Notre Dame senior job searches were successful

Author: Arts and Letters


Fewer recent University of Notre Dame graduates still were looking for work at Commencement than any class in recent history, according to the preliminary results of a survey on graduates’ post-Commencement plans.

“This year’s graduating class seemed to have dodged any fallout from a poor economy,” said Lee Svete, director of the Career Center.

Only 11 percent of graduating seniors listed themselves as still looking for work during the survey, which is annually conducted by the Office of Institutional Research during graduation week. That number is down from last year’s statistic of 12 percent and the results of the 2006 survey, when 14 percent of undergraduates still were looking for work.

Survey results indicate that while 10 percent of undergraduates are doing service work and many are continuing their education—law and medical school or other graduate or business school—there is no statistical indication that students fled to post-graduate work to avoid a poor economy, Svete says.

The survey results surprised and delighted the Career Center staff, said Rose Kopec, Career Center associate director, who handles early career outreach. Increasingly, sophomores and some first-year students make their way to her door. Last year, the Career Center staff conducted close to 200 workshops and presentations, organized career fairs, and held some 5,000 individual advising sessions.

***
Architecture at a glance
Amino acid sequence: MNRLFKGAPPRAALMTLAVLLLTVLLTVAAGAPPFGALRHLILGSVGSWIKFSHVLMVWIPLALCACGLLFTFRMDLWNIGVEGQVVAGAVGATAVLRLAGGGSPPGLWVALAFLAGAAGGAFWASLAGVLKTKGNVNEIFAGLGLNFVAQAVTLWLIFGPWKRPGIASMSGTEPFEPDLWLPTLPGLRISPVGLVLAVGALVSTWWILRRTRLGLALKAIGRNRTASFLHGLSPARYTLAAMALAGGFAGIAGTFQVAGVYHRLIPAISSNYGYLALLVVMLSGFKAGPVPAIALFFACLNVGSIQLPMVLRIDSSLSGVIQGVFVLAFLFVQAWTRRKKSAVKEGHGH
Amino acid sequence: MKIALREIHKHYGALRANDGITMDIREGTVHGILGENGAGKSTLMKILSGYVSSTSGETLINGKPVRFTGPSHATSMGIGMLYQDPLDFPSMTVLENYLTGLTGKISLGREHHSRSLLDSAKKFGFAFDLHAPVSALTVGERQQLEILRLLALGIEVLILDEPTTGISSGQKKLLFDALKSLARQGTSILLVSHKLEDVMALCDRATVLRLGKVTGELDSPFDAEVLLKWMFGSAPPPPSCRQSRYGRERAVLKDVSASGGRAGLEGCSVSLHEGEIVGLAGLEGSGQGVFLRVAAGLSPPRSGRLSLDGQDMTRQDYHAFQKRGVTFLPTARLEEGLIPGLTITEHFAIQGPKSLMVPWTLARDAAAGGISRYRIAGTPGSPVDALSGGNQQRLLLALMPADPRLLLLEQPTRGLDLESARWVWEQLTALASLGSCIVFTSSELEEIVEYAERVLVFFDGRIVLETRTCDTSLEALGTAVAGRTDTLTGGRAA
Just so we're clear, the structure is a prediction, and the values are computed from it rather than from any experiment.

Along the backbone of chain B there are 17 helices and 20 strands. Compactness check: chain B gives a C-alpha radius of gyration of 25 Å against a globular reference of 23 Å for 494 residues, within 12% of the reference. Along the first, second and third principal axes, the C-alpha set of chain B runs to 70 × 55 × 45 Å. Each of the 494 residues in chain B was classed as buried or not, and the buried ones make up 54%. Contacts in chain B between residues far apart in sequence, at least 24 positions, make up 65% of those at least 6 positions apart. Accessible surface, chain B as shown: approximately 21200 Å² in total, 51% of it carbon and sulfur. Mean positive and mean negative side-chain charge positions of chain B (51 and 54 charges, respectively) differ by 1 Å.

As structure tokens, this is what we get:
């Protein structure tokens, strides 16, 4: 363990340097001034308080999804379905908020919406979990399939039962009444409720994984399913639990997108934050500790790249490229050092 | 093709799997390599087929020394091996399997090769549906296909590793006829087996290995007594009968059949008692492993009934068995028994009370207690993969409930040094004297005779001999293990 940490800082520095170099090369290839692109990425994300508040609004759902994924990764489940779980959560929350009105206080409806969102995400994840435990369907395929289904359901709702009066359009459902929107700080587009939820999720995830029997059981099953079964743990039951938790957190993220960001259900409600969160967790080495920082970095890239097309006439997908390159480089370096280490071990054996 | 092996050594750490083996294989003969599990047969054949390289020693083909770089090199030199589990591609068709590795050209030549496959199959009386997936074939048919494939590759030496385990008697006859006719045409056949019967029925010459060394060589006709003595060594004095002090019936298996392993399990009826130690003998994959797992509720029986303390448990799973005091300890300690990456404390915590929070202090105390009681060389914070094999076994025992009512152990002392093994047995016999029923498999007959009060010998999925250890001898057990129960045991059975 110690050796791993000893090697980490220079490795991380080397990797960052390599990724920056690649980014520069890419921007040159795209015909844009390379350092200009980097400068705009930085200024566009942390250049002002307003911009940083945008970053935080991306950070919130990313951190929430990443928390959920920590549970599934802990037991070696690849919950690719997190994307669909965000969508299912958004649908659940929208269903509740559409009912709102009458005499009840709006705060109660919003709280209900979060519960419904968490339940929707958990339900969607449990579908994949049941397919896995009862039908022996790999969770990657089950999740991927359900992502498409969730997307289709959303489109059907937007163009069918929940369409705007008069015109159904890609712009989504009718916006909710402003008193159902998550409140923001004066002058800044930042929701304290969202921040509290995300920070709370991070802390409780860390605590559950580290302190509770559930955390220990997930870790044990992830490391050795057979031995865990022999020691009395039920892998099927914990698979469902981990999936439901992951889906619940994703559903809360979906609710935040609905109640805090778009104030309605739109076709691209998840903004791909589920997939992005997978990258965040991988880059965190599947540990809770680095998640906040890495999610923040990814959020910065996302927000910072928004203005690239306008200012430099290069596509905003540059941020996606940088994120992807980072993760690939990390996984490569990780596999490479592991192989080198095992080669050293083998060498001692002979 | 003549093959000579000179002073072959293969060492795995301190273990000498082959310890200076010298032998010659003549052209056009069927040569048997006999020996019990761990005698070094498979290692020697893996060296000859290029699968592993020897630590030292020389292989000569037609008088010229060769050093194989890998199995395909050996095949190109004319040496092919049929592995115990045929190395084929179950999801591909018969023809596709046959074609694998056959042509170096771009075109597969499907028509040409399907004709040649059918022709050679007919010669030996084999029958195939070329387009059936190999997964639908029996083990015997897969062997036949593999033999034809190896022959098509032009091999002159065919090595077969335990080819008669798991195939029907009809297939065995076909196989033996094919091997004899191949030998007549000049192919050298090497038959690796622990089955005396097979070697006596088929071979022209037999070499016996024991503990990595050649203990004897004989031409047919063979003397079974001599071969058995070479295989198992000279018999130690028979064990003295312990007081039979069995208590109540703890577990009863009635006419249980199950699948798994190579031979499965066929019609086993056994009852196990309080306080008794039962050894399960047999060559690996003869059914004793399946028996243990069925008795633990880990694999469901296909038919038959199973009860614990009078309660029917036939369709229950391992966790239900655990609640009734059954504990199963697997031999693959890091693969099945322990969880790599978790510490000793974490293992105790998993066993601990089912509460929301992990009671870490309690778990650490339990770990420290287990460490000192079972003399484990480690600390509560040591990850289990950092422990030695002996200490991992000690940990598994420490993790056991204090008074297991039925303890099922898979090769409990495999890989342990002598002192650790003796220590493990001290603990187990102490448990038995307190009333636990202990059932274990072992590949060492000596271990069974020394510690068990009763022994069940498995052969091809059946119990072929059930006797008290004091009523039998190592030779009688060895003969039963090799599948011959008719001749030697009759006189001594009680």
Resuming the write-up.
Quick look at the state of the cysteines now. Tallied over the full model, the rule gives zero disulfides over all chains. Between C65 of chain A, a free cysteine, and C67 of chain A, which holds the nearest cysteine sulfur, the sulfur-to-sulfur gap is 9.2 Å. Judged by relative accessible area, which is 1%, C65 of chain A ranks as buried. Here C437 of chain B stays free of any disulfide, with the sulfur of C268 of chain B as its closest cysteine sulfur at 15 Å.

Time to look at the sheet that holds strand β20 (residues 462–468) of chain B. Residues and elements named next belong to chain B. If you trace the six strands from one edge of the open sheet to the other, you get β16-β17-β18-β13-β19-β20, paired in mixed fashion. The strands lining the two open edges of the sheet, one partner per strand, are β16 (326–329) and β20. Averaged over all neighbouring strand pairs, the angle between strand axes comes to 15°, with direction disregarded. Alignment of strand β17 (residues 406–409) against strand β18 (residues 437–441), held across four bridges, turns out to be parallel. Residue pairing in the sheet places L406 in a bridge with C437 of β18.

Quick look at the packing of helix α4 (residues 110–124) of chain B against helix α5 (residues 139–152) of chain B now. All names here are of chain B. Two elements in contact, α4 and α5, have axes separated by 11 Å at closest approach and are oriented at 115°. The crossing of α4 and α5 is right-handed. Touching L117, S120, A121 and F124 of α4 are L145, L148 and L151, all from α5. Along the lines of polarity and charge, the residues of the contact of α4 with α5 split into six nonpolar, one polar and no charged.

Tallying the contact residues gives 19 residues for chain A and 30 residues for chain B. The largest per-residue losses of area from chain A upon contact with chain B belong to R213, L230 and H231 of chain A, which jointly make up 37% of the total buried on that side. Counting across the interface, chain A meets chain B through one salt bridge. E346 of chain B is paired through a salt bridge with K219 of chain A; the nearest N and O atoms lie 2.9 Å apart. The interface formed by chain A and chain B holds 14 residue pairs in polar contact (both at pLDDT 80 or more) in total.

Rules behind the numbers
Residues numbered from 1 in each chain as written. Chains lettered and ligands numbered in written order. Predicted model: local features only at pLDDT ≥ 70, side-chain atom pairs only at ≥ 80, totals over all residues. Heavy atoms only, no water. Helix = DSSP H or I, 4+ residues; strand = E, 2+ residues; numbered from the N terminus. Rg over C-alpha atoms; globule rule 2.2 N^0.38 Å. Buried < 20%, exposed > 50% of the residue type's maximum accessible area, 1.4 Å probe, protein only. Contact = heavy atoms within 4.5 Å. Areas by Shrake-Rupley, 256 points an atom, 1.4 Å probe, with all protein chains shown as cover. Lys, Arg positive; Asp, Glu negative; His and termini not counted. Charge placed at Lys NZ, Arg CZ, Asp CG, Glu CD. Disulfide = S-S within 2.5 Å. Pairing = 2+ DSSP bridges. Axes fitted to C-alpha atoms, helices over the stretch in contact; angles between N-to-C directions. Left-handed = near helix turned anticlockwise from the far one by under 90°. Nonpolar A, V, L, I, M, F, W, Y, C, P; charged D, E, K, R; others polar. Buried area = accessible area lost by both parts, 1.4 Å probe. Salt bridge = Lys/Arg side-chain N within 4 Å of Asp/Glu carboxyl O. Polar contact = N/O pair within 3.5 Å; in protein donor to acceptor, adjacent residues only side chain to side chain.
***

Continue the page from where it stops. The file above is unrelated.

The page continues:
Kopec and Svete identified one trend, affecting around 20 students, that reflects the economy, particularly the troubles experienced by the financial industry. Students who had been hired by major corporations were asked to defer their first day of work through the summer. For example, a July 1 starting date has been shifted to the fall.

“We’ve had contacts with these employers, and they say the jobs will be there in fall,” Kopec said.

Some businesses are hiring graduates but assigning them to a different industry within their corporation and a different city than first discussed. For example, students who planned to work in the financial industry are being shifted within the same firm to the financial arm of the health care division.

Median starting salaries continued to climb, Svete adds: $59,500 for engineers, $55,000 for business school graduates and $48,000 for graduates of Arts and Letters. Increasingly, he says, Arts and Letters students are taking internships that prepare them for jobs in sales and marketing.

Originally published by Gail Hinchion Mancini at on June 30, 2008.